• As a brand-new-in-box joystick, this was the most expensive joystick on the list, costing £8 delivered. The modern equivalent is probably the Thrustmaster Warthog, which costs around £130, so that seems fitting. The stick did come bundled with a free copy of Tomb Raider though, which is ace.

gravis blackhawk game port joystick

Fourth on the list is the Gravis Blackhawk. Gravis are well-known for their line of sound cards, gameport cards and PC gaming peripherals and the Blackhawk is well-known to flight sim aficionados.

  • It needs to be said, this is an ugly joystick. The giant molded base and the short stick makes the Blackhawk look dumpy and bottom-heavy. It’s a nasty stick BUT I am almost certain that the Manual Steering Column used by Riker in Star Trek Insurrection is a Gravis Blackhawk. Obviously absolutely loads of bonus points for that.
  • Those ugly looks belie a pretty decent-feeling stick. This must be why so many people still swear by their Blackhawk. The gimble is lovely and smooth and that lower centre of gravity is more forgiving on the wrist, which is lovely.
  • The Gravis Blackhawk is a three-axis, four-button stick. Even more spartan than the Top Gun, the Blackhawk even lacks a POV hat. Supposedly this heightens its compatibility with modern machines but that’s not what I’m after today.
  • As for value, the Gravis stick was £6 delivered, making it the second most expensive stick on the list. Gravis still sell this joystick with an RRP of $60. Considering that I’ve picked up better sticks for much less, the Blackhawk loses a lot of points for value.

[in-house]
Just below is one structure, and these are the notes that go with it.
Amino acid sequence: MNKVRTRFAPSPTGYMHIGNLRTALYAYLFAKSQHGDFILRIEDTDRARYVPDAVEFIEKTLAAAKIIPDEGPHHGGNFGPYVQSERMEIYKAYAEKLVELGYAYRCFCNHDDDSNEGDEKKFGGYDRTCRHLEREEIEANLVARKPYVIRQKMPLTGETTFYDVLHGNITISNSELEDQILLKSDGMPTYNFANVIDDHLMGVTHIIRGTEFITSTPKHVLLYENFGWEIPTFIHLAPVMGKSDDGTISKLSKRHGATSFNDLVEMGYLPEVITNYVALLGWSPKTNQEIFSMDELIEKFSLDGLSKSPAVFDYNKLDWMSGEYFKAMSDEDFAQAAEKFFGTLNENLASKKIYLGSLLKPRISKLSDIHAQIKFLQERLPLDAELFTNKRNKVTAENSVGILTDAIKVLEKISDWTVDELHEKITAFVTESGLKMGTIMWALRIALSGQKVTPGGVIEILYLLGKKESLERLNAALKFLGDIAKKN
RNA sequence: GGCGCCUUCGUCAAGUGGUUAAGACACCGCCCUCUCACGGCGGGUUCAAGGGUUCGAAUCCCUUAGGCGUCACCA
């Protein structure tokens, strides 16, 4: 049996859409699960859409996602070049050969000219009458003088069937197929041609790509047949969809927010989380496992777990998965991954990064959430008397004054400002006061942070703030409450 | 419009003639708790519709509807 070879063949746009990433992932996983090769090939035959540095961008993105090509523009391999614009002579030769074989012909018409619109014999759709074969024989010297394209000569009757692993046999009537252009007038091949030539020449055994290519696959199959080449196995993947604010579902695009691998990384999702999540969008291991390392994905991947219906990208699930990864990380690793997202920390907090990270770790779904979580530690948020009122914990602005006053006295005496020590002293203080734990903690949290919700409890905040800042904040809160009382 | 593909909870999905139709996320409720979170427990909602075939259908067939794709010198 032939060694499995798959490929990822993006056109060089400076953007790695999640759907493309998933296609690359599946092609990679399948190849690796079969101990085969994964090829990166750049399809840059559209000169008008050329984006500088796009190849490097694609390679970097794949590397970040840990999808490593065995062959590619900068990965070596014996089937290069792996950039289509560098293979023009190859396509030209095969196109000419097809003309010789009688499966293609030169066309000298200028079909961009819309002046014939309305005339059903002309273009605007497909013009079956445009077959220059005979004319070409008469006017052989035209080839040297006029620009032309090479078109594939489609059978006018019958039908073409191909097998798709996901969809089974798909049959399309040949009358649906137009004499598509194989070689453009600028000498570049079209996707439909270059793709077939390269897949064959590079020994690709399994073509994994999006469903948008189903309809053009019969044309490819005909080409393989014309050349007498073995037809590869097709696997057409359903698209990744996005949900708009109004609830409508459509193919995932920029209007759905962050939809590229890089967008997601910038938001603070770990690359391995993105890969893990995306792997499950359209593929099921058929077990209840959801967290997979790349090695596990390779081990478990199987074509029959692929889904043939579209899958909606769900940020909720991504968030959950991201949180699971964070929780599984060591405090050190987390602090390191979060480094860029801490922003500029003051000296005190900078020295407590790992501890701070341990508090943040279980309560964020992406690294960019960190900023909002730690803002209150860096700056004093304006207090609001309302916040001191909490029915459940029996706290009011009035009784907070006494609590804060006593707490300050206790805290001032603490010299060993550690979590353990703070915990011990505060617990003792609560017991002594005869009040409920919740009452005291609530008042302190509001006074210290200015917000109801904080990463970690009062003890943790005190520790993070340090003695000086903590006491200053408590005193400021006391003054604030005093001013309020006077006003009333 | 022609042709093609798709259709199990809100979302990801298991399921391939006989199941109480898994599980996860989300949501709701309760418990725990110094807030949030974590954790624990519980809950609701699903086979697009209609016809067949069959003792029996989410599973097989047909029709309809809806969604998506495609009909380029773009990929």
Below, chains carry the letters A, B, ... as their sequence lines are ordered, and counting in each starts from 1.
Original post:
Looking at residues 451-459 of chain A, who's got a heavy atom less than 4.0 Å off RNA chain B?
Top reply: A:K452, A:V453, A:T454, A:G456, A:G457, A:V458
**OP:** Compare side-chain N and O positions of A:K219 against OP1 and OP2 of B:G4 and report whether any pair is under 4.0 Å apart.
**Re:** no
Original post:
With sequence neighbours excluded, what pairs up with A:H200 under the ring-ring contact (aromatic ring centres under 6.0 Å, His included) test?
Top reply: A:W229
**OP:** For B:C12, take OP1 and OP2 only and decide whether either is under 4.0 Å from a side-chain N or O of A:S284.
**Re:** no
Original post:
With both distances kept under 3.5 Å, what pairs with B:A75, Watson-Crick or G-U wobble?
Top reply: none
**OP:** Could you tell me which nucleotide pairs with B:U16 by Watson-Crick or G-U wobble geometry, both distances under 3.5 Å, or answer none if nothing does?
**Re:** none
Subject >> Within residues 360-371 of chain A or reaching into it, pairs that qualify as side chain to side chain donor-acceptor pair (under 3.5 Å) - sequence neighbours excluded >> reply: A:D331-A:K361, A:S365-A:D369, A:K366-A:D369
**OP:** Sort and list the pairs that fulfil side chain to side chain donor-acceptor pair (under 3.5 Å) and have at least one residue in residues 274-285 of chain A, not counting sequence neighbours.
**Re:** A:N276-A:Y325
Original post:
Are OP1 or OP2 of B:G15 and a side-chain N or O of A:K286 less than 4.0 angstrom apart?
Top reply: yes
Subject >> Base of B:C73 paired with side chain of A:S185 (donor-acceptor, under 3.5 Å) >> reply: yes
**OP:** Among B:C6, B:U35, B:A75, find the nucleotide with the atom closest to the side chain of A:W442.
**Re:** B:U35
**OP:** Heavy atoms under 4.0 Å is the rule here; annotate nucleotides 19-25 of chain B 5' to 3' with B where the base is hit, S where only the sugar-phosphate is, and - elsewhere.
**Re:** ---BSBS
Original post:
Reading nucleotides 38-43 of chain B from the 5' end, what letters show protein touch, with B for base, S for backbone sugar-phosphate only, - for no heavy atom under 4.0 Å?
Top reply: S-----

old saitek cyborg windows 98 pc joystick

The most contemporary joystick on this list, the Saitek Cyborg 2000 was released in – you guessed it – the year 1999. Saitek have been making PC peripherals forever and the Cyborg is something to behold.

  • Immediately, the Cyborg 2000 is the most futuristic-looking stick. All those bolts and screws, the metal plating, that big utilitarian spring… Top marks for looks, Saitek.
  • This is where it gets interesting. Those bolts aren’t just for looks. Using the included Allen key, the Saitek Cyborg 2000 can be completely customised; hand rests can be moved, the head angle can be adjusted and the whole operation can be changed from right-handed to left-handed. Top marks!
  • In addition to the customisation, the Cyborg is choc-a-bloc with buttons. The thrust handle is a lovely feature and the stick installs perfectly under standard Windows drivers with no additional software.
  • The Cyborg was dead in the middle when it came to value, costing me £4 delivered. A modern Cyborg will run you around £50, so again the price is really aggressive.

ch gamestick retro gaming joystick

Last but by no means least, our last-minute entry, the CH Gamestick. CH are famous for being one of the first manufacturers out of the gate making joysticks and some of the real vintage sticks are immensely expensive. The Gamestick though was intended to be a budget stick for all-comers.

  • Christ alive, this is by far the ugliest stick on the list. The CH loses about a million points for actually looking like a massive dildo. Seriously, playing with this thing on your lap is just embarrassing. If someone comes in the room which you’re waggling this thing about, you will never live it down.
  • Okay so looks aren’t everything. It’s actually pretty comfortable and it’s ambidextrous which is definitely a plus point.
  • Three buttons, no hat and that nasty little throttle control make this stick no fun to play with. Using that throttle is like trying to use the volume wheel on a tape Walkman, for those who remember it. For those who don’t TL;DR: It sucks.